“Little Fires Everywhere”
by Celeste Ng
“’Little Fires Everywhere’ delves into family relationships and what parenthood, either biological or by adoption, means. We follow the members of two families living in the idyllic, perfectly-planned suburb of Shaker Heights, Ohio: Mia and Pearl, a mother and daughter living a less traditional lifestyle, moving from town to town every few months, and the Richardsons, the perfect nuclear family in the perfect suburb … until Izzy Richardson burns her family home down. Ng’s superpower is her ability to pull you into her books from the very first sentence!”
~Emma DeLooze-Klein, Kirkwood Public Library, Kirkwood, MO Continue reading “September 2017 LibraryReads: Books Librarians Love”
Have you ever read just the right book at just the right time and everything was enhanced by the experience? My family recently took a trip to Vienna and Munich and we had a wonderful time, but it was made even better (for me, anyway) by two perfectly timed books.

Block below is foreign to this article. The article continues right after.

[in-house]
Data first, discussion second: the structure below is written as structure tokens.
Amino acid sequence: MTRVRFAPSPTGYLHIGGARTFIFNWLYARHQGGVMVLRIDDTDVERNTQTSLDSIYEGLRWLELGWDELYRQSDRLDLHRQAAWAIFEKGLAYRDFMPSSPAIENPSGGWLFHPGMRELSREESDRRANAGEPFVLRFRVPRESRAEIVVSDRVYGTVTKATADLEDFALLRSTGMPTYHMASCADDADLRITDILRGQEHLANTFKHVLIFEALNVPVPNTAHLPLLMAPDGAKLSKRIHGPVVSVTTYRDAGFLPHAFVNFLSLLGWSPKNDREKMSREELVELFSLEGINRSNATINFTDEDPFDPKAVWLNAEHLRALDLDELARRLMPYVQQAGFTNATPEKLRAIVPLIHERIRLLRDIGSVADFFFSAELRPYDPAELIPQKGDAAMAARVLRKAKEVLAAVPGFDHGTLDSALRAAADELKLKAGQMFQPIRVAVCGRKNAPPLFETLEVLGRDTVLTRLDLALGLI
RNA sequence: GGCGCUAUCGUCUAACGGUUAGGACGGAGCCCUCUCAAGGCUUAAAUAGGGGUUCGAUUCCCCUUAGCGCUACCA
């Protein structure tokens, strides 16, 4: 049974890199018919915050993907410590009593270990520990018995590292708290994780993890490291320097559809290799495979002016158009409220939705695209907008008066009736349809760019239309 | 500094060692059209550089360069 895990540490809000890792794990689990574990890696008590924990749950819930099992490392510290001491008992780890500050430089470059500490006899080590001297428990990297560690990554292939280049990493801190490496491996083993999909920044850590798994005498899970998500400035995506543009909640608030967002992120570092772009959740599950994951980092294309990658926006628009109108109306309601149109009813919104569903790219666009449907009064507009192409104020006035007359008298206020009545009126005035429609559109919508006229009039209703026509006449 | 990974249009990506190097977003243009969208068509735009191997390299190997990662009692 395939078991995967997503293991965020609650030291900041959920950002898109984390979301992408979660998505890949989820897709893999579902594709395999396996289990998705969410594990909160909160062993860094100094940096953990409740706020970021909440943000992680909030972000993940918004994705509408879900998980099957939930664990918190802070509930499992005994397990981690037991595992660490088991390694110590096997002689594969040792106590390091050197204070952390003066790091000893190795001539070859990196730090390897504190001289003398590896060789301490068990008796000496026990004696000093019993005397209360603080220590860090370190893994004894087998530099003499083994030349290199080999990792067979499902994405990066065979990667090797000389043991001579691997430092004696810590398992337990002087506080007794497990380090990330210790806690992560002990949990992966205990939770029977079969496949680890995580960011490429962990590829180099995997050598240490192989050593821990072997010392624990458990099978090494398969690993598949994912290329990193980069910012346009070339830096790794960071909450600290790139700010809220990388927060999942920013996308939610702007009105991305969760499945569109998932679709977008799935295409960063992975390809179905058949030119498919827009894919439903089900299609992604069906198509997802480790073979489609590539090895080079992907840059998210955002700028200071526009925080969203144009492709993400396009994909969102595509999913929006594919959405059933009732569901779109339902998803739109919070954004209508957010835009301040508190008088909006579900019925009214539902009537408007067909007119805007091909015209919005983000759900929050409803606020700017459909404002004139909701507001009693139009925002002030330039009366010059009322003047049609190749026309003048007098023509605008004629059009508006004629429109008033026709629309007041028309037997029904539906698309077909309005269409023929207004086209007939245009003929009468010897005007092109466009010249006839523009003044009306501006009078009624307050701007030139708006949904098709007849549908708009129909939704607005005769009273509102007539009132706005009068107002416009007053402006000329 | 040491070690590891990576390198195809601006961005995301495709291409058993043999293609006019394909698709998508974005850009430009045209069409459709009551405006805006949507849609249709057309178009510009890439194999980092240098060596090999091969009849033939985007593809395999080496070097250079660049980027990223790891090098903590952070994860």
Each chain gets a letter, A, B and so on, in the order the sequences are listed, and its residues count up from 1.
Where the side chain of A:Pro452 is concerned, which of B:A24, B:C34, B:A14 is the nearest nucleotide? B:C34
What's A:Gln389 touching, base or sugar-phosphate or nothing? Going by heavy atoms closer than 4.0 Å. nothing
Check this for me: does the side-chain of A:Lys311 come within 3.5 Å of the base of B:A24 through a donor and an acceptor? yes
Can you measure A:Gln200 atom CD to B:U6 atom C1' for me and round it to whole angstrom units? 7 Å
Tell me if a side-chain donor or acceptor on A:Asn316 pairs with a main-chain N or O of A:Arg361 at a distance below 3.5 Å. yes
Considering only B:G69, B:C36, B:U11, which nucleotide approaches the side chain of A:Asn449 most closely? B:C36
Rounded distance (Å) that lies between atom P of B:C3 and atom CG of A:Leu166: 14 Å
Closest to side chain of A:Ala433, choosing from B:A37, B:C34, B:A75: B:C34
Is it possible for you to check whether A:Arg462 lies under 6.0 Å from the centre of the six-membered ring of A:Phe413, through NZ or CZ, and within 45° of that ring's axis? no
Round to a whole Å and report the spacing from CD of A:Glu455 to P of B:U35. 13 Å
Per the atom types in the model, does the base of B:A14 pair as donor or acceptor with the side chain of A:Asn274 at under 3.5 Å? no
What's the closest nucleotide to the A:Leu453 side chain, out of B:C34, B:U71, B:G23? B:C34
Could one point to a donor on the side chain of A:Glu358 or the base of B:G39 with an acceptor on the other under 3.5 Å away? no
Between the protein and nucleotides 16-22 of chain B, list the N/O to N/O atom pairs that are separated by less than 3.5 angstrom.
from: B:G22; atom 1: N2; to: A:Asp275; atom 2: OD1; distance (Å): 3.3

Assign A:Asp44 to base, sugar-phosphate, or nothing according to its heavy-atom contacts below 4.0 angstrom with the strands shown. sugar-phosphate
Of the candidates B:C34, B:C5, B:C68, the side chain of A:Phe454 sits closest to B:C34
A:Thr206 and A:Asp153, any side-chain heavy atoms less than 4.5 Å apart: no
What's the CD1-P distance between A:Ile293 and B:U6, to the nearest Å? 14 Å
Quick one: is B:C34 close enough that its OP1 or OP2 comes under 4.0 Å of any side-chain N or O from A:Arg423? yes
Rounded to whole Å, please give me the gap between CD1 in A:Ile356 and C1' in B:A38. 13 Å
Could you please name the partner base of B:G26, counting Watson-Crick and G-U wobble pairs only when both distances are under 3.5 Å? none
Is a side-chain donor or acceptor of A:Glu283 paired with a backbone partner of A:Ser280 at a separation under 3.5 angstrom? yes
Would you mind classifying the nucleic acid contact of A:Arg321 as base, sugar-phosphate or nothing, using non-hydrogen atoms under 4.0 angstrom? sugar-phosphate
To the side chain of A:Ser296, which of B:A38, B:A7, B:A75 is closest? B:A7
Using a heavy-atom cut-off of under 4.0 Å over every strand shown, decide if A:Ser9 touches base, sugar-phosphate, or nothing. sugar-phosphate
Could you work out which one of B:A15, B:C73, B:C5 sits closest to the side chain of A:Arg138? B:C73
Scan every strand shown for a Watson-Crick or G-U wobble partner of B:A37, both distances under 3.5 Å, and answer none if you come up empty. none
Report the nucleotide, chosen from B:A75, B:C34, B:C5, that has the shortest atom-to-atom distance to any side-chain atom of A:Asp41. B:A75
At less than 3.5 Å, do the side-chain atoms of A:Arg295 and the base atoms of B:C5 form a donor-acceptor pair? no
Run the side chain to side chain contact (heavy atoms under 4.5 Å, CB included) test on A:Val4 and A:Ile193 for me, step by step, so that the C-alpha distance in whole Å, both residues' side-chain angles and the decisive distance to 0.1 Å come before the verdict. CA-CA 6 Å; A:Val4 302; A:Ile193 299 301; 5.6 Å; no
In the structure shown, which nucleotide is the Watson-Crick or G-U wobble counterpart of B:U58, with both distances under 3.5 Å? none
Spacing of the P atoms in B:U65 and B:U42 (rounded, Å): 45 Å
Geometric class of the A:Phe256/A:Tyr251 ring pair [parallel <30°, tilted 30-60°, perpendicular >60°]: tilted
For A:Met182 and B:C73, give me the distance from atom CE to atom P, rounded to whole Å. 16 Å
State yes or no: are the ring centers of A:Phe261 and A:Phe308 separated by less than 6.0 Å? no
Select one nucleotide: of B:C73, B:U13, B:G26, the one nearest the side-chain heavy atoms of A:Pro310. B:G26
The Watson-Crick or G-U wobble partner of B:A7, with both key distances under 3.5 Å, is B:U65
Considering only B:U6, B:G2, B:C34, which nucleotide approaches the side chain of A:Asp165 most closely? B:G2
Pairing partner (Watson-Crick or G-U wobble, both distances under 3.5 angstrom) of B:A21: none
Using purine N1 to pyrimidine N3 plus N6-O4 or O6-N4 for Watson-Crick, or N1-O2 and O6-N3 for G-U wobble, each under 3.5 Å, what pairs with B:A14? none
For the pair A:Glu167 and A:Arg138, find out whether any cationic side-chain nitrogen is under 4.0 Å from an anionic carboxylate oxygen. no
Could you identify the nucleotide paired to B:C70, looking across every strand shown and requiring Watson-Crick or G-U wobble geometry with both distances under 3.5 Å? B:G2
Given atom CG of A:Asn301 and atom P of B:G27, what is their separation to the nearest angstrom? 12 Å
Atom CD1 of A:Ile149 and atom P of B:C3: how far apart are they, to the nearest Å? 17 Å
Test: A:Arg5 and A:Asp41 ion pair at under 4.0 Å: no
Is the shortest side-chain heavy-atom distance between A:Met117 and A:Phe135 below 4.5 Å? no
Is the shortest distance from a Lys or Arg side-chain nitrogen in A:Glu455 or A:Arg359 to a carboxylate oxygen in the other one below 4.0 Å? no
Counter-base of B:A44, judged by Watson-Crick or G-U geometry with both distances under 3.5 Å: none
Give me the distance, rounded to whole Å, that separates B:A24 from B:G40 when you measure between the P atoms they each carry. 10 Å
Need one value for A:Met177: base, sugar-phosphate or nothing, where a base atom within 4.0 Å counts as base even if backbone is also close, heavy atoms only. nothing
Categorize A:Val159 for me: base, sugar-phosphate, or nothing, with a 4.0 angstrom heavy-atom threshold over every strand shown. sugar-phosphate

The first book was “The Lady in Gold: The Extraordinary Tale of Gustav Klimt’s Masterpiece, Portrait of Adele Bloch-Bauer” by Anne Marie O’Connor. This book is a convoluted story moving from the crazy art world of the early 1900s to the crazy art auction world of today. It is also a story that spans from the Holocaust and Austria’s complicity all the way to today’s collective guilt on one hand or the lack of it on the other. Continue reading “Perfect Timing”
Several new authors are making their debuts this August. These books are sure to be a hit, so place your holds now!
“See What I Have Done” by Sarah Schmidt
On August 4, 1892 Lizzie Borden’s father and stepmother were found brutally murdered. Lizzie was tried for the crime and acquitted, but although her guilt was widely assumed, there remains the possibility that she was innocent.
Focusing on the immediate time before and after the crime, “See What I Have Done” takes us into the heads of Lizzie, her sister Emma, their maid Bridget and a mysterious stranger named Benjamin. The dysfunctional relationships that existed within the Borden family spawned violence and hatred, and any of them may have had motive for murder. Schmidt takes the facts of the Borden case and re-imagines the infamous murder, casting doubt on the long held assumption that Lizzie Borden “took an ax and gave her father forty whacks.”